It’s not just the Constitution that is a “living document,” as Supreme Court Justice Stephen Breyer proved yesterday when discussing the Second Amendment. Breyer argued that James Madison only included the right to bear arms reluctantly, and only because the states wouldn’t sign the Constitution for fear of creating an overmighty central government. That’s why he voted against the majority in theHeller decision that overturned the federal handgun ban in Washington DC:
Appearing on “Fox News Sunday,” Breyer said history stands with the dissenters in the court’s decision to overturn a Washington, D.C., handgun ban in the 2008 case “D.C. v. Heller.”
Breyer wrote the dissent and was joined by Justices John Paul Stevens, David H. Souter and Ruth Bader Ginsburg. He said historians would side with him in the case because they have concluded that Founding Father James Madison was more worried that the Constitution may not be ratified than he was about granting individuals the right to bear arms.
Madison “was worried about opponents who would think Congress would call up state militias and nationalize them. ‘That can’t happen,’ said Madison,” said Breyer, adding that historians characterize Madison’s priority as, “I’ve got to get this document ratified.”
Therefore, Madison included the Second Amendment to appease the states, Breyer said.
“If you’re interested in history, and in this one history was important, then I think you do have to pay attention to the story,” Breyer said. “If that was his motive historically, the dissenters were right. And I think more of the historians were with us.”
Read the rest at Hot Air
Have you ever started a job where on day one you march into your boss's office and demand twice as much pay as the offer letter you signed stipulates? You're boss would be more befuddled than Biden after a conversation about long division. You inform your new boss that your ONLY CONCERN was to GET THE JOB so you agreed to anything that could get you over that goal line, and now it's time to take what you really want.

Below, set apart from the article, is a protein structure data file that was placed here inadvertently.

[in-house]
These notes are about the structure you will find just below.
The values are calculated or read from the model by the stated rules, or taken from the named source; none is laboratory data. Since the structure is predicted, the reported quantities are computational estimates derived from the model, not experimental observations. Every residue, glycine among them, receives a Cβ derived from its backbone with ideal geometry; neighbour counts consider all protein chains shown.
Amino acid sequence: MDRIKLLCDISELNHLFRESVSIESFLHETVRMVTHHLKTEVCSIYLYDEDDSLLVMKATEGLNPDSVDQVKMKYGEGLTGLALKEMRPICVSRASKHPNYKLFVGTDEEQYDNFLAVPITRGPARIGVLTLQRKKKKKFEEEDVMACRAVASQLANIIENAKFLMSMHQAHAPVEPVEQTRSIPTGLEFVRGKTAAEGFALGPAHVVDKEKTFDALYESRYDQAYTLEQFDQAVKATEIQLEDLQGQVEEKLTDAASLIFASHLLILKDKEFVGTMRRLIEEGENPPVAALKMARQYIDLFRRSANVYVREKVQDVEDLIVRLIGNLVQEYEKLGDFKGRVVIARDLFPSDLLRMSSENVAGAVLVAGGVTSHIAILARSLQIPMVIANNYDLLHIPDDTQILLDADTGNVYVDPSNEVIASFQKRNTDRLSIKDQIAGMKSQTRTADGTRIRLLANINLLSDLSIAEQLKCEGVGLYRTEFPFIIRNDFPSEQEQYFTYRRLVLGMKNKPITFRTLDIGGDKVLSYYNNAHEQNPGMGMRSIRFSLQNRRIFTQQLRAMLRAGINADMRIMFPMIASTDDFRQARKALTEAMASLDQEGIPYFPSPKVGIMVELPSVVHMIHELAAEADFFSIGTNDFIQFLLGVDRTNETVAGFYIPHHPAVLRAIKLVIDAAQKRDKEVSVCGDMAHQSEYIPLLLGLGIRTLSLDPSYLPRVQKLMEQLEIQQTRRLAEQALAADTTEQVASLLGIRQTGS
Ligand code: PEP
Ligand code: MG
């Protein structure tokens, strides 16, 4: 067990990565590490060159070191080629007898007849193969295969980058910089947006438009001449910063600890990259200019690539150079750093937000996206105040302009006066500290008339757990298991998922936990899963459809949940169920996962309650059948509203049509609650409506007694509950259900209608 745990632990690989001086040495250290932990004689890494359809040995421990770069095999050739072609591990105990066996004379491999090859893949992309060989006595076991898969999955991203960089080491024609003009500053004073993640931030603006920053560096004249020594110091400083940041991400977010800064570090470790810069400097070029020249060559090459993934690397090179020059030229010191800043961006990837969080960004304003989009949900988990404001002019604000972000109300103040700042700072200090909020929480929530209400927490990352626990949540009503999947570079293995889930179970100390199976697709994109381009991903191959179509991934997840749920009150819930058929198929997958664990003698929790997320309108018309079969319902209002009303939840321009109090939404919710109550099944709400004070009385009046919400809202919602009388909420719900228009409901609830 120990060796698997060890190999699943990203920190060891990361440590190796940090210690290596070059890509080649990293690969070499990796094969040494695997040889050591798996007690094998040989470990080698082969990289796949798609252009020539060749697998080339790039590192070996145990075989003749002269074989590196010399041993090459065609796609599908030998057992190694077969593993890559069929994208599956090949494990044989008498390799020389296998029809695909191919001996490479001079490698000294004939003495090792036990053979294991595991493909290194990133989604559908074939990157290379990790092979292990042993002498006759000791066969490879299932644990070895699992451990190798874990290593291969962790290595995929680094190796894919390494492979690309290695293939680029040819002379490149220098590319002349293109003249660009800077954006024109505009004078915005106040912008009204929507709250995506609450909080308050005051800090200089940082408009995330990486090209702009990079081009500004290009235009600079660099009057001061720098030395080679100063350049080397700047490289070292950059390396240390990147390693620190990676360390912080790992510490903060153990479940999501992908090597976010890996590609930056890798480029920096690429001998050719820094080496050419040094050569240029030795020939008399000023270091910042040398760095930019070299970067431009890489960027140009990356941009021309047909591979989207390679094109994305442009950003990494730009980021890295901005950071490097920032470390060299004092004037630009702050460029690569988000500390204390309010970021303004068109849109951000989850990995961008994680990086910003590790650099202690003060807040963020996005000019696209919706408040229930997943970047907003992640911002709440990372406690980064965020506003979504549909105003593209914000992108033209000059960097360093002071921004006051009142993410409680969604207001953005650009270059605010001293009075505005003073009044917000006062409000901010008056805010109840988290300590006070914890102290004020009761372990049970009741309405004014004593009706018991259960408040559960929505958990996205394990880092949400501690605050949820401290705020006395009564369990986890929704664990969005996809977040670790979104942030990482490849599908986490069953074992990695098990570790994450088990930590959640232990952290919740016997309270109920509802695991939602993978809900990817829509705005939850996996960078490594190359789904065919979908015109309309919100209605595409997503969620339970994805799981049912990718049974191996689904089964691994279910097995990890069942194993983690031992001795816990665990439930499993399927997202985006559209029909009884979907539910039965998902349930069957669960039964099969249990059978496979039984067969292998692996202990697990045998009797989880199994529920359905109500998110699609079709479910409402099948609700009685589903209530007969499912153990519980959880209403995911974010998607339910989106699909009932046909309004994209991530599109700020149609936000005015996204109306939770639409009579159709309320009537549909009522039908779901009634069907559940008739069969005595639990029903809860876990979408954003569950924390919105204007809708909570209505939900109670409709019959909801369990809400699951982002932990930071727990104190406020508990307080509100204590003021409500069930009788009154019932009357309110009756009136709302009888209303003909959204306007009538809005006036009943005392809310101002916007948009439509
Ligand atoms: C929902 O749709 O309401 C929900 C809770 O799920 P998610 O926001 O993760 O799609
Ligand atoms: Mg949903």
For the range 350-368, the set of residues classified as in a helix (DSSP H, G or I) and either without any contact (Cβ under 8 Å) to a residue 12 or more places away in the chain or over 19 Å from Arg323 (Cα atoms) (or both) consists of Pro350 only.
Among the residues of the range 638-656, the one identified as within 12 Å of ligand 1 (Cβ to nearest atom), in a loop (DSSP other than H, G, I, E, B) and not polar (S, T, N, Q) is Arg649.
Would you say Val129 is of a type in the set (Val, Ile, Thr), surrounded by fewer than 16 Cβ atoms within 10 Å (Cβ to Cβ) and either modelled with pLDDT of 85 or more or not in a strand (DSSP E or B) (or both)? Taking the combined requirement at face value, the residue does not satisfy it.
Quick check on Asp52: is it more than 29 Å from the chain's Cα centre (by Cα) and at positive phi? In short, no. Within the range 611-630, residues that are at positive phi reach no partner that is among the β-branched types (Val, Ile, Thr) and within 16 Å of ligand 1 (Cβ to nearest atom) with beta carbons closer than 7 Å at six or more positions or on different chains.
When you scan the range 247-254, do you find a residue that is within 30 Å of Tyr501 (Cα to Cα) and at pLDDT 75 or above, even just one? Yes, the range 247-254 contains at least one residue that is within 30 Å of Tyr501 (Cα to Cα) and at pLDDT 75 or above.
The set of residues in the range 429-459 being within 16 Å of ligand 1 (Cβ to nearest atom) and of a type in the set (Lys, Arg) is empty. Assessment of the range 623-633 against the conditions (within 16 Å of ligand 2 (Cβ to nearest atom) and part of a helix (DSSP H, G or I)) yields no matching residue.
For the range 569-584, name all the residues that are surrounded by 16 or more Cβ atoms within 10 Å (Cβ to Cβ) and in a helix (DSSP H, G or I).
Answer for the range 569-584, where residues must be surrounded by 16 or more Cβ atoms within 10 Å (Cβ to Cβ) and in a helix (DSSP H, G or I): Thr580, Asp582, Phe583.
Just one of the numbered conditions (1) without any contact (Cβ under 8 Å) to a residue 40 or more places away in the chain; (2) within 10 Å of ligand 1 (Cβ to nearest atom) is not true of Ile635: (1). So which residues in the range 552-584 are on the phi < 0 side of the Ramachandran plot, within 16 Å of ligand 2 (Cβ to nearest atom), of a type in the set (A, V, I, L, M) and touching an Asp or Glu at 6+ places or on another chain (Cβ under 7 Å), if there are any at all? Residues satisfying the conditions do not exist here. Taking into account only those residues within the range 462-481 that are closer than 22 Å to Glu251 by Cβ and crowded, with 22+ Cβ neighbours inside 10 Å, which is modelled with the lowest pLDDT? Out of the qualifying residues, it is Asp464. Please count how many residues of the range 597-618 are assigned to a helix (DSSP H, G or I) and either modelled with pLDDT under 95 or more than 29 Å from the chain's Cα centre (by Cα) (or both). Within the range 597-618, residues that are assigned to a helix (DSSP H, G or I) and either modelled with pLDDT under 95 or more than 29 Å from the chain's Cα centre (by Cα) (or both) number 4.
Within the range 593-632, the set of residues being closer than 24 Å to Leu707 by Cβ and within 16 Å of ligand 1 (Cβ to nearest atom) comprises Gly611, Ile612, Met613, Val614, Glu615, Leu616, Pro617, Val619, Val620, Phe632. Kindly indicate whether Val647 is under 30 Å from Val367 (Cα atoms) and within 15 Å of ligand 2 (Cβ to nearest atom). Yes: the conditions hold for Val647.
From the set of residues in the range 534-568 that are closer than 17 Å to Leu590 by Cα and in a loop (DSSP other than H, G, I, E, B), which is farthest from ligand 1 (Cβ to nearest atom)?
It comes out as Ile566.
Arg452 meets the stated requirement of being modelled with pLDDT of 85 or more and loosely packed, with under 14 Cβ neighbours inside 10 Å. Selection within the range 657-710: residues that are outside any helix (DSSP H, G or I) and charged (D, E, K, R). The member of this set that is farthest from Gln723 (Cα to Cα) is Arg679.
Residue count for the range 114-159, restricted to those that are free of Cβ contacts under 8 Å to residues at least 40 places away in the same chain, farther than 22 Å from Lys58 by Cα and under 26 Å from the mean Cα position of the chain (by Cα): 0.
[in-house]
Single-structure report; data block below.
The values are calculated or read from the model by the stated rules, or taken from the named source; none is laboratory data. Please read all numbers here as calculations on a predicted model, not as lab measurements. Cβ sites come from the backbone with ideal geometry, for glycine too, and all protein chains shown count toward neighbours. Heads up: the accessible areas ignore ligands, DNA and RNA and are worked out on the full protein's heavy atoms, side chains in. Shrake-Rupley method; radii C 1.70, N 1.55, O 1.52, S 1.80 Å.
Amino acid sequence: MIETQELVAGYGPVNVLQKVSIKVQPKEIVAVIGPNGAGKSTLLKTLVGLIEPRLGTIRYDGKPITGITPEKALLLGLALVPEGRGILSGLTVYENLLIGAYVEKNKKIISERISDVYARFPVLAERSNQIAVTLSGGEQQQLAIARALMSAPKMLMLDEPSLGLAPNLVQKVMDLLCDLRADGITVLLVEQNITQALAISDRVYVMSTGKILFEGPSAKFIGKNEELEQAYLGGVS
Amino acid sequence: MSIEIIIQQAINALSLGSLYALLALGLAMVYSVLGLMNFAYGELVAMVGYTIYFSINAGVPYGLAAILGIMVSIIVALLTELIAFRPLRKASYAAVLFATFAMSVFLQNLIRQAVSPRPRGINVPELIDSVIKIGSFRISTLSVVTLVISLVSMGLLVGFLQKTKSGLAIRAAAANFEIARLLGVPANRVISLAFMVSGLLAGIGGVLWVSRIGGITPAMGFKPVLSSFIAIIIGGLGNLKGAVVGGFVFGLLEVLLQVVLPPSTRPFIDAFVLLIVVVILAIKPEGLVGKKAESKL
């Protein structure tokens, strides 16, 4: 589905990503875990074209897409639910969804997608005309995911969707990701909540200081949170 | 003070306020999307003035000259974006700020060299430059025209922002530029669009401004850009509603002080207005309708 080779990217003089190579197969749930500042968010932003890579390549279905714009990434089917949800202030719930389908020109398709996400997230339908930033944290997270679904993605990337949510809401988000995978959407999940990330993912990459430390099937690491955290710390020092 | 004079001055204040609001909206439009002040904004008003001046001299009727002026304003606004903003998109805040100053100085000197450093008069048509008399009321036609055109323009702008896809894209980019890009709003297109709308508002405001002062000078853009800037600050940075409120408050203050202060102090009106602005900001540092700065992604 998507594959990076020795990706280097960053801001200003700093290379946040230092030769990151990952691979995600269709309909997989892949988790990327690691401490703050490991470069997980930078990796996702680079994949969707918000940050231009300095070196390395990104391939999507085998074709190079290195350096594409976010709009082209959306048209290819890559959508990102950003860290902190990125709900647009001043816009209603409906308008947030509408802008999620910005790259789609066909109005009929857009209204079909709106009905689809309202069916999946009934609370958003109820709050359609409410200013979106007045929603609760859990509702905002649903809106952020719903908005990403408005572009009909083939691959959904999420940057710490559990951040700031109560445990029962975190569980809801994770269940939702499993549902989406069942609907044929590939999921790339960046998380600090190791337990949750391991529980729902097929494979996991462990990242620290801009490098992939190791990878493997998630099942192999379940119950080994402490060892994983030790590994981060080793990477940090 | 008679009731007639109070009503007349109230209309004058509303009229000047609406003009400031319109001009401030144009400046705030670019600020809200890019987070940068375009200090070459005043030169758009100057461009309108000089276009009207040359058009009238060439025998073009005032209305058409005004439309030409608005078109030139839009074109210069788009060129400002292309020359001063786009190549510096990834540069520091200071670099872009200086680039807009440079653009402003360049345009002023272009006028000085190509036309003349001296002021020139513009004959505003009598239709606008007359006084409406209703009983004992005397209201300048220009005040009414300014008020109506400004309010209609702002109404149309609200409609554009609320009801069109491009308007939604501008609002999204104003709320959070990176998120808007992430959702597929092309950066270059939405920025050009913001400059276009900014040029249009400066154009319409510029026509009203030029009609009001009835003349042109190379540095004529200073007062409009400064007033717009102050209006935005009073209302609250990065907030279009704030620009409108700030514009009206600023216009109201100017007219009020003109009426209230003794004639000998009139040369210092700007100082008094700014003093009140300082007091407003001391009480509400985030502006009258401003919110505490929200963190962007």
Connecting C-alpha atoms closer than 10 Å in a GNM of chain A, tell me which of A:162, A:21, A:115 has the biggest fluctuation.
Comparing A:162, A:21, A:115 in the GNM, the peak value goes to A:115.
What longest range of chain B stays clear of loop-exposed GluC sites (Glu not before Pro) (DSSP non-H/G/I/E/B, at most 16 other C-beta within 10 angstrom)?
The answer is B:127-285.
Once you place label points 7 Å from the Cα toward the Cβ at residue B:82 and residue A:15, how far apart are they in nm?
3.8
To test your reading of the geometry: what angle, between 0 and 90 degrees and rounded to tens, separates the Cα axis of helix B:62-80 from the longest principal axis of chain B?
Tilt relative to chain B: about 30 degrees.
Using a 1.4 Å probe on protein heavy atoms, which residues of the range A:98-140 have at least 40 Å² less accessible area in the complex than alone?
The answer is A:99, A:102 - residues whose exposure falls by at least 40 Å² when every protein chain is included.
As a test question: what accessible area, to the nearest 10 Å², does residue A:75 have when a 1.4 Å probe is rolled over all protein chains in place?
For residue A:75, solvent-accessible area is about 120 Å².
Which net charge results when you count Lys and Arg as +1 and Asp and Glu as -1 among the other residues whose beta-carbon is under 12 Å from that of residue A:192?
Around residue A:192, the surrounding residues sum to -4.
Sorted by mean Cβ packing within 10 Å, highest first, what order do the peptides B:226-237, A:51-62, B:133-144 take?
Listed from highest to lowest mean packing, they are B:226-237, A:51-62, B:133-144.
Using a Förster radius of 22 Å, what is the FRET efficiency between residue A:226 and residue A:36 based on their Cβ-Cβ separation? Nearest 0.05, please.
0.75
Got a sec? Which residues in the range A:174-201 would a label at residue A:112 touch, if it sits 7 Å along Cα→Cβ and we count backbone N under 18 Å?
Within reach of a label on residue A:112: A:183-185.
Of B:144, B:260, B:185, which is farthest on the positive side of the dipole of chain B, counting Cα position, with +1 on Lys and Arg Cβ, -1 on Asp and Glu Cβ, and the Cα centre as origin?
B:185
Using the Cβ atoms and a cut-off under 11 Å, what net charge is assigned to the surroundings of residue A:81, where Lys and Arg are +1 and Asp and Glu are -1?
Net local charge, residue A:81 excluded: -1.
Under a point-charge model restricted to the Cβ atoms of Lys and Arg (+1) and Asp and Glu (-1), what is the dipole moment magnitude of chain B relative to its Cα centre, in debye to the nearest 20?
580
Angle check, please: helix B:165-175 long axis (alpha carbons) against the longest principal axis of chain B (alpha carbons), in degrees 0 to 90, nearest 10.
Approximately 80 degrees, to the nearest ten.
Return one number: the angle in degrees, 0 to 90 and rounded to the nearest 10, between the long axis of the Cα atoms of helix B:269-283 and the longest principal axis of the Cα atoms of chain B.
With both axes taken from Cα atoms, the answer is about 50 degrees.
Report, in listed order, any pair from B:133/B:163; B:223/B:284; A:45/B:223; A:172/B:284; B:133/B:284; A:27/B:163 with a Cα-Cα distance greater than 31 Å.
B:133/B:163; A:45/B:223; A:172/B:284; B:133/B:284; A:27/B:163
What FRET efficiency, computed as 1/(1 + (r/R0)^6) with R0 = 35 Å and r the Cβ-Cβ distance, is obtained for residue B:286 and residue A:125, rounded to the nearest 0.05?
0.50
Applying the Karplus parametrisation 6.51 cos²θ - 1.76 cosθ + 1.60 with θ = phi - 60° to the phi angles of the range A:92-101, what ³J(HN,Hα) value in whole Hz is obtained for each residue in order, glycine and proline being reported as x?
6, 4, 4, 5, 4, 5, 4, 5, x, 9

Take a poll and ask any random person if they would want twice as much pay as they're already getting for their job, you'll get a "yes" faster than a TSA interrorgation that asks Barney Frank if he's packin' heat (no guns involved, the officer is just really cute and he misunderstood the question).
Write down the results of your respondents, (or you can save yourself the time and just write 100% in the "yes" column), time stamp it, and now history is officially on your side.
Under which history of what universe is it true that anything in the constitution, a document Breyer has sworn to uphold, can be ignored due to the perceived motivation for its creation?
No offense to the Palinistas, but if people turned off Dancing with the Stars for even five minutes so they can be briefed on the fact that the "progressives" who sit on the Supreme Court today should be outfitted for masks resembling the pigs from Orwell's Animal Farm Democrats would never again see the White House on the sole basis of nominating justices to the Supreme Court.
This is real constitution shredding going on right in front of our faces, not like the unsubstantiated Air America hyperbole conservatives have to put up with from Breyer's ilk.
If the opinions of historians are so important to Breyer then maybe he should consult the ones who actually rely on history. Or better yet take the damn middle man out of it. Hot Air completely vaporizes Breyer's rationale using a devastatingly revelatory quote from Madison himself, so make sure check out the post (the link is in the above blockquote).